You may be familiar with Past Participles in English, but do you know how they’re used in French? If not, find out in our simple guide below – we’ve laid out all the rules you need to know in a super understandable way.
Ready to discover everything you need to know about the Past Participle in French? Let’s do it!
Past Participle In French
|-er verbs||-ir verbs||-re verbs|
|Past participle ending: -é||Past participle ending: -i||Past participle ending: -u|
|Example: travailler -> travaillé (to work)||Example: avertir -> averti (to warn)||Example: attendre -> attendu (to wait)|
Unfortunately, you can’t escape from the infamous irregular verbs in the past participle either.
|-ir verbs||-re verbs||-oir verbs||Other Examples|
|couvrir (to cover) -> couvert (covered)|
souffrir (to suffer) -> souffert (suffered)
|comprendre (to understand) ->compris (understood) |
prendre (to take) -> pris (took)
|pouvoir (to be able to) -> pu (was able to)|
vouloir (to want) -> voulu (wanted)
|être (to be) -> été (was)|
devoir (to have to) -> dû (had to)
Irregular verbs are tricky and can be confusing, so we’ve only picked a handful of them to feature in the table above. Remember, when memorising how irregular verbs are conjugated it’s always best to start small.
But what really is the purpose of the past participle?
The Passive Voice
As a reminder – a sentence has two components: a subject and an object. In the active voice, the subject acts on the object. In the passive voice, it’s the opposite: the subject receives the action. In French, the past participle is used to express the passive voice.
The structure usually look like this: conjugated verb être (to be) + past participle
Mon père est aimé par mes frères (My father is loved by my brothers) -> Here, the subject (the father) receives the action (being loved).
Remember to always make sure that the gender and number agree with the subject when using the auxiliary verb être.
The video below is a great way to learn more about Past Participle agreement
Another instance when past participles are accompanied by être is when adjectives are concerned. Keep in mind that the gender and number of the past participle have to agree with the noun. In the example below, the noun in question is the personal pronoun ” elle “.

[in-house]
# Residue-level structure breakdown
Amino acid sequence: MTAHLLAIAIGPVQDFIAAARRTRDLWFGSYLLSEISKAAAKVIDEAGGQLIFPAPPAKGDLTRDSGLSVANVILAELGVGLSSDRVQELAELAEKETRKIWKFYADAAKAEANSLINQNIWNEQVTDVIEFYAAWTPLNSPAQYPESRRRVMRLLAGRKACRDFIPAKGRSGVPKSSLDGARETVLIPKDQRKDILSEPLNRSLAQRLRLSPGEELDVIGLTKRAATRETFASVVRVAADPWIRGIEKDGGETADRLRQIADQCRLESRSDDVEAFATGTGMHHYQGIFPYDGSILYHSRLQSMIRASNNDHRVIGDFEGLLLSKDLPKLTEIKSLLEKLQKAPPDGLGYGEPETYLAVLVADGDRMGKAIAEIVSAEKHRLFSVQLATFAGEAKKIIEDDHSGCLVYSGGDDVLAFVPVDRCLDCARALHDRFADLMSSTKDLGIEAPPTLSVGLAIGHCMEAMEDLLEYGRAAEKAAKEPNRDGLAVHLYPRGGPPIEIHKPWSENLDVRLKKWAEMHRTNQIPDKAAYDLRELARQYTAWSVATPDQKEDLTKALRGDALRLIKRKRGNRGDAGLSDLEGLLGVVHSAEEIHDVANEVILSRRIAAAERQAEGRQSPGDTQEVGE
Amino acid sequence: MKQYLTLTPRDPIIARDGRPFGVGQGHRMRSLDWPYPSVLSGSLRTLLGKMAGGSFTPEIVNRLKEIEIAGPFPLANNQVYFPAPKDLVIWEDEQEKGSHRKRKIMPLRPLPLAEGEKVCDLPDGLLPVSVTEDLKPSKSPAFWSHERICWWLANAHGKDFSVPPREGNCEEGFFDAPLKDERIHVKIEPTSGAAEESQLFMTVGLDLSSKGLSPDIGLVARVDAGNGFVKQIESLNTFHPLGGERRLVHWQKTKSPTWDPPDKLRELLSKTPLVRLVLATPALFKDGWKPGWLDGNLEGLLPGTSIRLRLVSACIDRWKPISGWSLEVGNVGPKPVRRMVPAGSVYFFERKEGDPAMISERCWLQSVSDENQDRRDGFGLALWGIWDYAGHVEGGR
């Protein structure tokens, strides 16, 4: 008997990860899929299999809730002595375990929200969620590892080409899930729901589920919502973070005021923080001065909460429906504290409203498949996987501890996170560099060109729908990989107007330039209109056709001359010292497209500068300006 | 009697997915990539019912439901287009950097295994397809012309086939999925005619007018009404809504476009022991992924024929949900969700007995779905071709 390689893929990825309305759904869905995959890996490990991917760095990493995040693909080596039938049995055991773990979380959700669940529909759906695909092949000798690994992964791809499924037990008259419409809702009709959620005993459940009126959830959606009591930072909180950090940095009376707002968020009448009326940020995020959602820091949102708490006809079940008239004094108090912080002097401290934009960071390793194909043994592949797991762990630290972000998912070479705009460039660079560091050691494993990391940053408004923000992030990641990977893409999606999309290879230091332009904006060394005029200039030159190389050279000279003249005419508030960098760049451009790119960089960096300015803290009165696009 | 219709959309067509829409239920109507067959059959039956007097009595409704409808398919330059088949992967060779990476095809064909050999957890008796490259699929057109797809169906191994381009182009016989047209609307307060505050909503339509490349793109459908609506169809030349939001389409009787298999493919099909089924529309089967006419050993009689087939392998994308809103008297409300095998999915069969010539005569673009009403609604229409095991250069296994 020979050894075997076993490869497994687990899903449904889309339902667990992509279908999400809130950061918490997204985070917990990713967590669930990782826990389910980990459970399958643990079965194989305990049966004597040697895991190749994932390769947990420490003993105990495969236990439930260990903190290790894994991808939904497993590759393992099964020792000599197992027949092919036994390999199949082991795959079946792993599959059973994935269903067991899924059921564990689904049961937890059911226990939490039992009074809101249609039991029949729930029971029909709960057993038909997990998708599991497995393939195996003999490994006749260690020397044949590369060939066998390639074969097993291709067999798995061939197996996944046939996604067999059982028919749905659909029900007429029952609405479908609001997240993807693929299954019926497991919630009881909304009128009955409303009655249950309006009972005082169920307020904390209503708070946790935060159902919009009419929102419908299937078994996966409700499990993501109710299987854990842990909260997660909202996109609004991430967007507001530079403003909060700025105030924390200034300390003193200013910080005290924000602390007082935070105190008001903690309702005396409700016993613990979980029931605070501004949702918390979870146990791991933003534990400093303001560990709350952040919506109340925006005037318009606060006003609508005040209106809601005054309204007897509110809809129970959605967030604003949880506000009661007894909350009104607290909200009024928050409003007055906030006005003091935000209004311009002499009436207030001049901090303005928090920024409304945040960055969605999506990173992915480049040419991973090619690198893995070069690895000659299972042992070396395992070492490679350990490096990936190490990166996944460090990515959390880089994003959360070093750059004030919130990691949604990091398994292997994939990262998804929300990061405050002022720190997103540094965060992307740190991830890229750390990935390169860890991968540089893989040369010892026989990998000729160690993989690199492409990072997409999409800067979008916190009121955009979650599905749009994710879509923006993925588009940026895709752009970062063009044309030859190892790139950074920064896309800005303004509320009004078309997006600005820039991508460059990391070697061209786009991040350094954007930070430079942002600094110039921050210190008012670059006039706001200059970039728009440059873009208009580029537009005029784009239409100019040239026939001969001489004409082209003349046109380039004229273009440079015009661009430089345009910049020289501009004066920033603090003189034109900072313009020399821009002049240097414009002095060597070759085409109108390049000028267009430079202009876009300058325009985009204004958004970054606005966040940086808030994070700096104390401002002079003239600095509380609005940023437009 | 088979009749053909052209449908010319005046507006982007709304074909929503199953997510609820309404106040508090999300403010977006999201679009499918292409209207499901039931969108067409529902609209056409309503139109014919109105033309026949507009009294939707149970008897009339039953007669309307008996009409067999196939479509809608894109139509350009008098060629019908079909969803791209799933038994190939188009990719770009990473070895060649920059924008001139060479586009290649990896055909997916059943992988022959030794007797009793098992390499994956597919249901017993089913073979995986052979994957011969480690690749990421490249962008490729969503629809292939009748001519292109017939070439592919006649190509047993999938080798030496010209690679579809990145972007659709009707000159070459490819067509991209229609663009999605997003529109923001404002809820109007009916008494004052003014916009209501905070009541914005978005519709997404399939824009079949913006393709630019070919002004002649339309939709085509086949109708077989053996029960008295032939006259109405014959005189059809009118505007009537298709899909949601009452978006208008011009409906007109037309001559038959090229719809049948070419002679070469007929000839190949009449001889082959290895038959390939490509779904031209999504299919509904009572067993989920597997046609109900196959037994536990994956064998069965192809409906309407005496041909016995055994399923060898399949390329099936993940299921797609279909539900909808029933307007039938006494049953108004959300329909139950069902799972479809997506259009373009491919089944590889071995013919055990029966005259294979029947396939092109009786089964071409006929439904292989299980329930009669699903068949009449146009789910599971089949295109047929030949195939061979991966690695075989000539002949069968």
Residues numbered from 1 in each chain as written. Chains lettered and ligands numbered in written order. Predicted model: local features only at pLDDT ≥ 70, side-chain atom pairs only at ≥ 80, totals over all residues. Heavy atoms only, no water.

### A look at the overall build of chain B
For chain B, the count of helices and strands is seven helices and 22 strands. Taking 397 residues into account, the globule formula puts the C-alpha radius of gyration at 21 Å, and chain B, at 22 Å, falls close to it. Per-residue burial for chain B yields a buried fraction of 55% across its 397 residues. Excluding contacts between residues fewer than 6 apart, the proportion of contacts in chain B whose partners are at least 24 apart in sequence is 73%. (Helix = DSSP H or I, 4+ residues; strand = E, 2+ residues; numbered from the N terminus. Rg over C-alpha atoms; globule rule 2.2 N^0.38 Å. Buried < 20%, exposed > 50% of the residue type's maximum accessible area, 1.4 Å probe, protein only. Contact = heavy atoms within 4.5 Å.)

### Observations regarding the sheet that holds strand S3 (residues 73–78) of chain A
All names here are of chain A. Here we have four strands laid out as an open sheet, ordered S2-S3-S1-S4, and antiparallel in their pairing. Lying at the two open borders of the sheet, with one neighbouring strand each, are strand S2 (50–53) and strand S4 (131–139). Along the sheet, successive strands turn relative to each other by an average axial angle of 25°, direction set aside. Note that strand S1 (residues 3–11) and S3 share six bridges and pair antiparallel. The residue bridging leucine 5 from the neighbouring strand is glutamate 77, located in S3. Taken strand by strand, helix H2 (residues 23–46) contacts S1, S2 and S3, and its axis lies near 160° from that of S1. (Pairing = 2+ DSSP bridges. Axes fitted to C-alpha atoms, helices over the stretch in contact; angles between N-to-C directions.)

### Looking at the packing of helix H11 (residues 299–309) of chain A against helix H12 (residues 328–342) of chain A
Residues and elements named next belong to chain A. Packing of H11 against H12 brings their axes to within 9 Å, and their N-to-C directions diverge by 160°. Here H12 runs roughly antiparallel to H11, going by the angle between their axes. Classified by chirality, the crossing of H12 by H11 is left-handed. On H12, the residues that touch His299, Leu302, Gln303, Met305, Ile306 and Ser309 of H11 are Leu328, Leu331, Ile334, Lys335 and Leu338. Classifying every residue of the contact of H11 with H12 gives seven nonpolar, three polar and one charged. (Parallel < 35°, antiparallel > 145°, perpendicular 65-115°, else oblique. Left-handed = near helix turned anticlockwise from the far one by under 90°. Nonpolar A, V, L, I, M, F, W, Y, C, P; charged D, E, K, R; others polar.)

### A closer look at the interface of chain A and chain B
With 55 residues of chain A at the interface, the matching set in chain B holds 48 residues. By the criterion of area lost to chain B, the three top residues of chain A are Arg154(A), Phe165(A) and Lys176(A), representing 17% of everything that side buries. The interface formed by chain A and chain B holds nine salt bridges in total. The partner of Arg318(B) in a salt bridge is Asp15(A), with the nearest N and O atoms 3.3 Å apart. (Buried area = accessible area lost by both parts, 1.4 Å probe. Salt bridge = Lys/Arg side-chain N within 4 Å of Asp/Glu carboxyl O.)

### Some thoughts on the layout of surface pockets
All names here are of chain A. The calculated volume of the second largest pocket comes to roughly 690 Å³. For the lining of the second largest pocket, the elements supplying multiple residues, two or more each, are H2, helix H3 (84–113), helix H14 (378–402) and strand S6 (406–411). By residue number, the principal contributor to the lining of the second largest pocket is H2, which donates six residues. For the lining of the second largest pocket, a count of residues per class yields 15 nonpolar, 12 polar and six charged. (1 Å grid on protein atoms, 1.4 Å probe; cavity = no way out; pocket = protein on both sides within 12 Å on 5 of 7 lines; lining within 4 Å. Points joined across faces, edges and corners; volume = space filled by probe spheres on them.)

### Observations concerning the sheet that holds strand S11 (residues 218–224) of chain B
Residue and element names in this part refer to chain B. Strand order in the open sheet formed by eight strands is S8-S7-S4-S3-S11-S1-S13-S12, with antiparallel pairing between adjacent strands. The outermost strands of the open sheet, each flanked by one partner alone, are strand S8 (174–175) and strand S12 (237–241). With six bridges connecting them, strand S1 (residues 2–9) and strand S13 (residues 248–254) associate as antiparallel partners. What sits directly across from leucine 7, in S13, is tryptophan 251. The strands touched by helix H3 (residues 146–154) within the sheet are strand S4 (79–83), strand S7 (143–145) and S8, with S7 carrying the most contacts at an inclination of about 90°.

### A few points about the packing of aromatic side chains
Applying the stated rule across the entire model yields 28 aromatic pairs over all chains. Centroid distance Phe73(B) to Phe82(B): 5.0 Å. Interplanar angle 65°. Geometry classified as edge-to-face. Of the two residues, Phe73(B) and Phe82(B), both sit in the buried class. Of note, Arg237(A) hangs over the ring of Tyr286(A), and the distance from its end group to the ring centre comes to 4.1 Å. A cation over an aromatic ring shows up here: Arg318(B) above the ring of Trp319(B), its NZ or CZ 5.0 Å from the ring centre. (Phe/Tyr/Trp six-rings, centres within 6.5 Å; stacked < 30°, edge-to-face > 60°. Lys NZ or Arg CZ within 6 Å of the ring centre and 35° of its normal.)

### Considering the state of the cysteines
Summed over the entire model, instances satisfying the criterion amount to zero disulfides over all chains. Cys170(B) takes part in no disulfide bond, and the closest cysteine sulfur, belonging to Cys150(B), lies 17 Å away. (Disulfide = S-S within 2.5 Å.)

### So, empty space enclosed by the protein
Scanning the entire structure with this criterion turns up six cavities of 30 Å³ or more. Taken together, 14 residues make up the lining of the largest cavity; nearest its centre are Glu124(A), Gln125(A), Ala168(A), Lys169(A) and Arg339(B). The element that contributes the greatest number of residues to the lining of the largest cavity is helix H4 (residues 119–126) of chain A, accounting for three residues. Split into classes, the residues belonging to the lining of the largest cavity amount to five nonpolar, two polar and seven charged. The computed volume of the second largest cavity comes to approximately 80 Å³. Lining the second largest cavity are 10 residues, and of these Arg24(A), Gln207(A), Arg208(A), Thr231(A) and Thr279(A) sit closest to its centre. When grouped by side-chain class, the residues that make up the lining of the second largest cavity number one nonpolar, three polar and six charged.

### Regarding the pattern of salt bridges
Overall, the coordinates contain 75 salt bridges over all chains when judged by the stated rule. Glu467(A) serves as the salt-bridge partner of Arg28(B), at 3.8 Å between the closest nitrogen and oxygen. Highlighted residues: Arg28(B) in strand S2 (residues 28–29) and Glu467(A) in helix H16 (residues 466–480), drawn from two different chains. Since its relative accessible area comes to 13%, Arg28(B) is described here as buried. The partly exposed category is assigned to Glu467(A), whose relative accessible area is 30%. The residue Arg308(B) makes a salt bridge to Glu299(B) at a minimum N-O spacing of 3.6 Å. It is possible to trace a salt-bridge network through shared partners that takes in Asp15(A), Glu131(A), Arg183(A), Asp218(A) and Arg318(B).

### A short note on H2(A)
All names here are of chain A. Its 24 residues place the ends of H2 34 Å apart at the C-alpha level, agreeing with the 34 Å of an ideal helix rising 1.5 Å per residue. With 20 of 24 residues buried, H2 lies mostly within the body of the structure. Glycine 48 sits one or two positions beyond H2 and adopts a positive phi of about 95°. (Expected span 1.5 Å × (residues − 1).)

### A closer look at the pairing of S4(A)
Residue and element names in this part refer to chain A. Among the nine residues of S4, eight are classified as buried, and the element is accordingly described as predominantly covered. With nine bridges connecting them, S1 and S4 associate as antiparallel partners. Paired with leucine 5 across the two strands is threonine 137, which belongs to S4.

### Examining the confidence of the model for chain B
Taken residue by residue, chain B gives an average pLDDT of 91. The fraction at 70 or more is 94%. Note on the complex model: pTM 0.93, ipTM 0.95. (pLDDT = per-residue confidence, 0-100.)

Pourquoi est-elle fâchée ? (Why is she angry?)
Tenses and moods are major components in sentences, and they can either be simple or compound. While simple tenses revolve around single verb conjugation, compound tenses are slightly more complicated.
Compound tenses are usually made up in the following way: auxiliary verb (être/avoir) + past participle
Passé Antérieur (Past Anterior)
In this compound tense, the auxiliary verbs are conjugated in the passé simple. It’s generally used to imply the anteriority of an action.
Quand elle fut allée sur son balcon, elle trébucha (When she went to her balcony, she tripped).
Futur Antérieur (Future Anterior)
Similarly, the auxiliary verbs are conjugated in the future simple. This tense is used when talking about an event that hasn’t taken place yet, but which will definitely take place before a different event.
Nous pourrons aller au magasin lorsque ma soeur sera rentrée (We’ll be able to go to the shops once my sister returns)
Passé Composé (Compound Past)
One of the easiest compound tenses to form, the passé composé is comprised of auxiliaries conjugated in the present tense and of course, a past participle. You can use this tense to talk about actions which are currently happening, incomplete or finished but in the past.
J’ai regardé une pièce de théâtre (I watched a play in the theatre)
The last tense in which past participles are used is the plus-que-parfait. This time, the auxiliary verbs are conjugated in the imperfect tense. Similar to the tenses we’ve just seen, the plus-que-parfait is used to depict an action that happened before another (which isn’t always mentioned or stated).
J’avais fait une promenade [avant d’aller prendre une douche]. (I went on a walk [before taking a shower])
And that brings our chapter on Past Participles in French to an end!
Why not try our quiz below to put what you’ve learnt today to the test?
See you next lesson – and in the meantime, don’t forget to practice! If you need any help don’t hesitate to get into contact with one of our online French Tutors.